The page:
Consulting patient

Meeting the Challenges of Holiday Grief

November 1, 2021

By Melissa Flint, Psy.D., FT, CCTP

For many, the holiday season comes with great anticipation, filled with joy and love. For others—especially those who have dealt with great losses—the holidays can make you feel like you are stuck between two extremes: the joy mentioned above versus the pain, stress, and burden of grief. Balancing those two polar opposite sets of feelings can be extremely difficult. And for families, the need to parent when you are deep in grief yourself, in addition to helping your children grieve, can make the holidays seem even more overwhelming.

Remember also that grief is a much larger subject than the physical death of a loved one. People can feel grief over many different losses: health, relationships, job or housing changes, unmet dreams or goals, our companion animals, disconnection from friends and/or family, loved ones being separated for the holidays, and so many more. Consider the different types of loss that you or your children have endured this past year. How are you going to prepare yourself to navigate the holidays in the best way possible for both you and your children?

While the grief journey is so different for each person and with each type of loss, here are a few hints to help you and your children deal with grief and stress during the holiday season:

  • Know you are not alone. Grief, unfortunately, is not a respecter of time of year. We carry with us deep losses, despite the fact that our culture typically declares the holidays to be a time of joy. We can survive the “Perfect” Holidays (those cheery ads about everything being perfect at the holidays, when you are barely even OK) by supporting one another. Do not be afraid to reach out to loved ones, friends, others in your support circle, or even a professional to help shoulder the burden this season.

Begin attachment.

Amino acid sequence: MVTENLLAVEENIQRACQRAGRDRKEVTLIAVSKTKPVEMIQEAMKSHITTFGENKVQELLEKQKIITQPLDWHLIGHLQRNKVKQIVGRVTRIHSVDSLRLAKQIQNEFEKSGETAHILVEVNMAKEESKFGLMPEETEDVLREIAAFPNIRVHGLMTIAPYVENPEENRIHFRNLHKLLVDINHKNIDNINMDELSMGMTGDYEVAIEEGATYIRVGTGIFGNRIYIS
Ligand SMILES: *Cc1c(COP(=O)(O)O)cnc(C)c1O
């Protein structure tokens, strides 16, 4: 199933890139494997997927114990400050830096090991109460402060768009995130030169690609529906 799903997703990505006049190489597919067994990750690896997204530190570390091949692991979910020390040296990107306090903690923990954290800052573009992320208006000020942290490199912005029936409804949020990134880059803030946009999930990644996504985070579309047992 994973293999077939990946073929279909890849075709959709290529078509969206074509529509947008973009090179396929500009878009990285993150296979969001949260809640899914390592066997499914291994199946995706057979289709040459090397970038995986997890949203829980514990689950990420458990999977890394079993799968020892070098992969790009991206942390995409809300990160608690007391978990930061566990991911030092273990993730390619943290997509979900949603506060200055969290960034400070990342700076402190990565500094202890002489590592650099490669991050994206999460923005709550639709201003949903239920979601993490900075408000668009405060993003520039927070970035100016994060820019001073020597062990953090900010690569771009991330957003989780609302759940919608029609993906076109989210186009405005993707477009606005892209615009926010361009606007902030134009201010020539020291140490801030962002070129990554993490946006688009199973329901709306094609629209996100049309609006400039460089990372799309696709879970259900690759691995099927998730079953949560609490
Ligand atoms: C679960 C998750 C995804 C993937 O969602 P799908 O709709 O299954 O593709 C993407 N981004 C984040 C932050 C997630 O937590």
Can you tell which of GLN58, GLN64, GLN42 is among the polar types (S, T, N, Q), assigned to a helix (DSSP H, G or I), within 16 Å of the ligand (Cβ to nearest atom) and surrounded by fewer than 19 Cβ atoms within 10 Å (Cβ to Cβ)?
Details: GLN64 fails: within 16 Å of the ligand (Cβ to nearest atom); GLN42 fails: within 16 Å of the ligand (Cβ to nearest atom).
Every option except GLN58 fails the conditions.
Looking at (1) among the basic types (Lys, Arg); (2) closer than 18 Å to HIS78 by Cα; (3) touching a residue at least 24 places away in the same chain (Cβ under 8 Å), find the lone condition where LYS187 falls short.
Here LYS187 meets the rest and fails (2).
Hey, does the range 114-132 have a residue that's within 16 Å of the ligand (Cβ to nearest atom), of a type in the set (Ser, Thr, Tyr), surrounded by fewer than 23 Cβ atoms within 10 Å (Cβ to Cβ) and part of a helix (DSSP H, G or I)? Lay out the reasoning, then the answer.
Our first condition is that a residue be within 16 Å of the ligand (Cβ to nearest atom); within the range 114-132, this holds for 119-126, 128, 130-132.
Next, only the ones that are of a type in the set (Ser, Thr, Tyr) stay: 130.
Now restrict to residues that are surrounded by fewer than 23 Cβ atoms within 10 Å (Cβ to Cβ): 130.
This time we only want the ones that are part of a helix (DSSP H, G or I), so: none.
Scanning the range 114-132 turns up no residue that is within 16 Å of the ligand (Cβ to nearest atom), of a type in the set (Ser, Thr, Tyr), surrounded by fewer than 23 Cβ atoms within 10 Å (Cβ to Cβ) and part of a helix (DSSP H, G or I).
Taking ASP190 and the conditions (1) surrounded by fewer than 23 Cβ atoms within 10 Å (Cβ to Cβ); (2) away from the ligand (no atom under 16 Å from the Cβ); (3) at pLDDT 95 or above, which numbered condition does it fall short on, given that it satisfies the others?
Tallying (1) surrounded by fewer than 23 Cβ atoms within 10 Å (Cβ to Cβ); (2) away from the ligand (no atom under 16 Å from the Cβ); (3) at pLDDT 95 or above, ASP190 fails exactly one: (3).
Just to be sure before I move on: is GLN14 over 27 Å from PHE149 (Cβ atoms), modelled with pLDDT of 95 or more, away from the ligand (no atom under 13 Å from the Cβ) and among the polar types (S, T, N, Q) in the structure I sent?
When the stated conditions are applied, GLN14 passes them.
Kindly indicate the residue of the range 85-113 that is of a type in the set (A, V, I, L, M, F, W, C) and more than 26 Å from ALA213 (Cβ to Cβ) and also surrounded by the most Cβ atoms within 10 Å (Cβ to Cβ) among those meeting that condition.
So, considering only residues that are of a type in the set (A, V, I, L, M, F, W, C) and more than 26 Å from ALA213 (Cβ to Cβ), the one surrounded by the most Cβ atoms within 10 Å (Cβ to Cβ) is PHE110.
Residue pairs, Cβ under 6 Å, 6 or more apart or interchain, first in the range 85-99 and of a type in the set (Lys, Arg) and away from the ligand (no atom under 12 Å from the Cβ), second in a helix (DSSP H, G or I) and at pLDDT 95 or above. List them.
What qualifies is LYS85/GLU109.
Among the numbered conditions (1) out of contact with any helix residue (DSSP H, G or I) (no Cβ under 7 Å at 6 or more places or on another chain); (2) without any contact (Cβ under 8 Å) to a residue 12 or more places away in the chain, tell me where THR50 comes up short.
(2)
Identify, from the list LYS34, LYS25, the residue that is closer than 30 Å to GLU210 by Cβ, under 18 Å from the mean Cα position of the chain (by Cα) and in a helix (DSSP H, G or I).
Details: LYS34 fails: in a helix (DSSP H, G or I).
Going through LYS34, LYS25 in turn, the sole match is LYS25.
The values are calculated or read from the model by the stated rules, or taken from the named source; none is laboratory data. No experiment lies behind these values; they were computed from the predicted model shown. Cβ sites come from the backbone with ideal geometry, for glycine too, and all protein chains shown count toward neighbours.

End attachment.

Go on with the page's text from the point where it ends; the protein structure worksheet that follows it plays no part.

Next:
• Be sure to speak about your grief. Give yourself permission to have good days, bad days—days that you just want to burrow under the covers and hide, and then those when you want to engage with the world again. It is also important to help your children give words to their grief. Even though it might be hard to hear that they are hurting, listening and being present for their journey is part of healing for the entire family.
  • Know your limits as a family. The holiday season pushes us to the limit with all the added time commitments. Figure out what your limits are (physically, psychologically, spiritually, socially, financially, etc.) and do not be afraid to set boundaries to fiercely guard your well-being during the holidays. Help your kids figure out what their limits are as well. Communicate as a family about how the loss has affected you all personally, but also as a family.  Be honest with everyone about what is happening in your family and ask for a holiday reprieve if it is all too much. Accepting that you, as a family, might not be able to do all the things that you have usually done is key.
  • Stop the unnecessary stress. For example, do you have to do all of your usual holiday preparations, traditions, and activities? Choose those things that are true “musts” versus “likes,” and plan accordingly. Seek balance in what you do, and do not spend all your energy in one place.